Using available moisture more efficiently and concentrating on rotation deserve places near the top of the management priorities list for Lamesa, Texas, cotton and grain farmer Mike Hughes as he completes harvest of the 2006 cotton crop, finishes seeding winter wheat and starts thinking about plans for 2007.
Hughes irrigates about half his acreage. “But some of that is with only limited water supplies so, realistically, I have only about 25 percent fully irrigated. I have some pivots with half circles in cotton and the other half in wheat. I may do more of that in 2007.”
Hughes plans to run cattle on wheat planted early enough. “I'll harvest most of the crop for seed,” he says. “I try to be as flexible as possible. I'll have a whole circle in wheat and, depending on the price, I may cut some of that for hay. Initially, I plan to harvest wheat or grain. Price of hay may be a factor.”
He intends to combine some, at least enough to plant next fall for a cover crop in cotton fields.
Wheat serves multiple purposes for Hughes. It provides winter grazing, offers the option of a hay or grain cash crop, serves as a winter cover and residue for minimum-till cotton, gives him a much needed rotation crop and supplies an option to spread out sometimes limited water resources.
“Wheat allows me to use water more efficiently and gives me a desperately needed rotation crop. I've said for years that rotation is necessary. I work toward a half and half cotton and grain mix. Several years ago, when cotton prices were good, I thought about planting everything in cotton. But I need the rotation.”
He says in some areas farmers may plant corn on some acreage to take advantage of higher prices. “Wheat acreage may slip a bit because of demand for corn in ethanol production.”
Hughes says pushing rotation sometimes take s a bit of persuasion to landlords who see cotton as their best profit option. “We sometimes have to educate land owners about the value of rotation, especially following excellent cotton crops.”
Hughes says rotation advantages show more in dry years.
Grain sorghum may play into the mix as well. “We get organic matter from rotation crops and that improves water infiltration and makes fertilizer work better. Organic matter holds nutrients in the soil.”
He likes to have vegetative matter growing on the land. “I planted wheat in September and October. With nothing growing on the land, rains would have run off. With a wheat stand, it soaks into the soil.” Late-harvested grain sorghum also helps keep soil in place until he plants a cover crop.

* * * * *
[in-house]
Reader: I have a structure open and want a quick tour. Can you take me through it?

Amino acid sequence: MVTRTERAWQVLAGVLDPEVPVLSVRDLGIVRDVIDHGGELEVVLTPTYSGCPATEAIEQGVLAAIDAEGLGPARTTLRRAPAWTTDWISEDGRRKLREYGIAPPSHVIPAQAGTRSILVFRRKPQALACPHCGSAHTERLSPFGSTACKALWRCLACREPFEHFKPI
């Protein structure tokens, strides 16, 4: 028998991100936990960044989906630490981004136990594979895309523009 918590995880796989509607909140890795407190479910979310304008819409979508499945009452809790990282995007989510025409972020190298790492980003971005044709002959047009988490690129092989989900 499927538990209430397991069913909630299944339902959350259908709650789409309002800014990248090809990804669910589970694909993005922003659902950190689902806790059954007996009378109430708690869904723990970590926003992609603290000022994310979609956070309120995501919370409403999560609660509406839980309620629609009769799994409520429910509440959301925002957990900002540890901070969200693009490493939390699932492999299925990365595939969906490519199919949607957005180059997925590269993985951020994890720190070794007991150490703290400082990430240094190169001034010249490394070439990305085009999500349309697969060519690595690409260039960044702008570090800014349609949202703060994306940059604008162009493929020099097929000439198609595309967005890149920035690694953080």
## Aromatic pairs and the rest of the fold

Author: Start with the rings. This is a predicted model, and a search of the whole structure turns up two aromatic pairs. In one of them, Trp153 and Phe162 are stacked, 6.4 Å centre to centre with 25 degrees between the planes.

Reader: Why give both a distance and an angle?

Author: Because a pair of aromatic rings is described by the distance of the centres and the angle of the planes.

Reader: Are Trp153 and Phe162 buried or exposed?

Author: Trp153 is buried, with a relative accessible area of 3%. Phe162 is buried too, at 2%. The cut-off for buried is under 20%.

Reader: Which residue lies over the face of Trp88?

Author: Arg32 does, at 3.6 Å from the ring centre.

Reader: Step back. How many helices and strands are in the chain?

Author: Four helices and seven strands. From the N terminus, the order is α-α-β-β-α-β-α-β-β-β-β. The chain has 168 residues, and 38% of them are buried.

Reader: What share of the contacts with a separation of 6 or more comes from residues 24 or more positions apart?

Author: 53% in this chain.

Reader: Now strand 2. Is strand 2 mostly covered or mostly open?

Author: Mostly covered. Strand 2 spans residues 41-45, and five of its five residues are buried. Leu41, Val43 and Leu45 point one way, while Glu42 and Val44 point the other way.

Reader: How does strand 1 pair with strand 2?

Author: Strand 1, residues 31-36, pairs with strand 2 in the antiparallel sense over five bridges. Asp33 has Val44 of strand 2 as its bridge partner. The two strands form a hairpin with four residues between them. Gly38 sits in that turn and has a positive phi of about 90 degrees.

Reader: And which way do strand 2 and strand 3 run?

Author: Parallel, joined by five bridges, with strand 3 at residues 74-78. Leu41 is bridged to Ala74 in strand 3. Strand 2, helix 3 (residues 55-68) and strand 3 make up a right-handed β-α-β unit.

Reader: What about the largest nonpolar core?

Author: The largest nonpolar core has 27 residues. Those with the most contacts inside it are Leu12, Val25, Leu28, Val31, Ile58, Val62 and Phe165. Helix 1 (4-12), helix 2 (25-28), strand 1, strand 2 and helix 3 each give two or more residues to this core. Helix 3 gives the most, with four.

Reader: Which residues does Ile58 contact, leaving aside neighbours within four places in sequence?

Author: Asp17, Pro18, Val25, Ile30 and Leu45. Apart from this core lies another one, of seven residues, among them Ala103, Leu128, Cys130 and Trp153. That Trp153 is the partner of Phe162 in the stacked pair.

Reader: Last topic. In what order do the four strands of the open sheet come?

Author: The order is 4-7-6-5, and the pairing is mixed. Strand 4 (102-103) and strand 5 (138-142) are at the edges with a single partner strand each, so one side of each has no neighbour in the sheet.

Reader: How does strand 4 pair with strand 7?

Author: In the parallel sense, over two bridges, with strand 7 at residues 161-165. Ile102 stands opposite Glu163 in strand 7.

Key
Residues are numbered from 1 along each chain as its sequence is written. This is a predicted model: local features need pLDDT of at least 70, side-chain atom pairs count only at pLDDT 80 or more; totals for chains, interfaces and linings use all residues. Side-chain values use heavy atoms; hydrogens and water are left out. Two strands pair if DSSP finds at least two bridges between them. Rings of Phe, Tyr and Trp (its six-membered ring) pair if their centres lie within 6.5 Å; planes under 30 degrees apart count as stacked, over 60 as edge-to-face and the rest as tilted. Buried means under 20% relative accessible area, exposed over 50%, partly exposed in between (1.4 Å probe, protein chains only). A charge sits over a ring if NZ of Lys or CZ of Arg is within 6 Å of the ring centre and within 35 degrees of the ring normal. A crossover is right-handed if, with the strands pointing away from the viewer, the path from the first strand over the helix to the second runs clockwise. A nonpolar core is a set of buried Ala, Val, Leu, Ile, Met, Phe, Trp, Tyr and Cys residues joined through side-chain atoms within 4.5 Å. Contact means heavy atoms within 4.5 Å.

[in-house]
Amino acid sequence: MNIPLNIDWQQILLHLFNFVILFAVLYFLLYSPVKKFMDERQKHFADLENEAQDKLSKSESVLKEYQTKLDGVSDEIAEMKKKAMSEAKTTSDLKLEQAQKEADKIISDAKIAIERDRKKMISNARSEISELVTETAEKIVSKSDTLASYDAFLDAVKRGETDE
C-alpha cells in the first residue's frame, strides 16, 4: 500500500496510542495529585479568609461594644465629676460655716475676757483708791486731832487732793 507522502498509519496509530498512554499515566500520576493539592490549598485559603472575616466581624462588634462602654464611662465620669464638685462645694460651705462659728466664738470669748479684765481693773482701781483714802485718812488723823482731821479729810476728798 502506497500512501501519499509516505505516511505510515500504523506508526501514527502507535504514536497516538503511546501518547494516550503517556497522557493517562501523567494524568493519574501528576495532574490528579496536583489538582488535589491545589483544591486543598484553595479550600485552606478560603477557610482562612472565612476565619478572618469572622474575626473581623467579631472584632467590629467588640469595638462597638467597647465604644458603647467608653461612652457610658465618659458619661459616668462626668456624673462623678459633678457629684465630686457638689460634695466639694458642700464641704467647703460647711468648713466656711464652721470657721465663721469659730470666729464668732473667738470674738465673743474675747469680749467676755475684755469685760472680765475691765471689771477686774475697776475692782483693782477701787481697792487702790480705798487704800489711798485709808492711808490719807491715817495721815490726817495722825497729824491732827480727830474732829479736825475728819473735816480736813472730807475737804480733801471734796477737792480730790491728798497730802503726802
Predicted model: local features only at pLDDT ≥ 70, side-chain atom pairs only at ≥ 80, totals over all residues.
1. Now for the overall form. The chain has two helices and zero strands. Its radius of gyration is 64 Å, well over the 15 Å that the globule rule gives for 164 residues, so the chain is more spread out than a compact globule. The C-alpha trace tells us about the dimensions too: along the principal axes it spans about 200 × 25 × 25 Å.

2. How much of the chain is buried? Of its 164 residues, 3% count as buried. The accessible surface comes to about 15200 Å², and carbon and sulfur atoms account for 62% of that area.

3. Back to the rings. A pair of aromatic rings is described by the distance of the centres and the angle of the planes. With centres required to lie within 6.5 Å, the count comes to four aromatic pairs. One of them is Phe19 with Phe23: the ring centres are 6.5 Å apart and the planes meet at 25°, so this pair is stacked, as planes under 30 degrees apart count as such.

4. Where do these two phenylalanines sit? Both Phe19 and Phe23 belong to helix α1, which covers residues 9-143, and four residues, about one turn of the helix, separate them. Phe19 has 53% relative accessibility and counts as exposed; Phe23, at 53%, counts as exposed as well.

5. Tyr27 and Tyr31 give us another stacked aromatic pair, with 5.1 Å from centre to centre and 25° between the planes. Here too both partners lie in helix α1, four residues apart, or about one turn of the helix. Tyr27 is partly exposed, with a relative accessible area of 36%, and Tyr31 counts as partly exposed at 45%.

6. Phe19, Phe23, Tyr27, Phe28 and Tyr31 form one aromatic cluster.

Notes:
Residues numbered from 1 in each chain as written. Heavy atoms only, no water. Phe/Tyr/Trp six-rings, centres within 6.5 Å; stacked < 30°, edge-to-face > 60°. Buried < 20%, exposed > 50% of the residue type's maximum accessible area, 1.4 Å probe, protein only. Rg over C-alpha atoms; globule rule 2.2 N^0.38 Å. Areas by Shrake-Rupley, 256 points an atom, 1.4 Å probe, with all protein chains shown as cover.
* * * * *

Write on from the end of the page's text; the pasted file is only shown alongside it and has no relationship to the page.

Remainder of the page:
Hughes says developing a better rotation system will be a key for 2007. “Every year is different but I'm always looking for a viable rotation. I'll work in wheat and grain sorghum and may add corn on a small acreage.
“I look at rotation through rose-colored glasses,” Hughes says. “I can't compare rotation crops straight up with cotton, but I look at benefits in the cotton fields three or four years later.”
He says agriculture is changing with more emphasis on renewable fuels production.
“We're coming to a turning point,” Hughes says. “I've been a bit skeptical of ethanol, wondering if some (industry or agency) would throw a wrench in it. But it looks like ethanol may use many products from agriculture. The door's wide open.”
The changes may not come just from grains, he says. “I have no doubt that with changes in cotton genetics we'll probably see something from cottonseed that helps us make fuel.”
Alternative uses for cottonseed, grains and other crops may provide the stimuli farmers need to regain profits, which will be hard to find on many farms this year.
“We may make some pretty good yields on irrigated cotton,” he says, “but when we pay the electric and gas bills I don't anticipate much profit. In fact, I foresee a large percentage of producers with carryover debt after this crop.”
Hughes, in addition to running his farm, serves as president of Plains Cotton Growers Inc.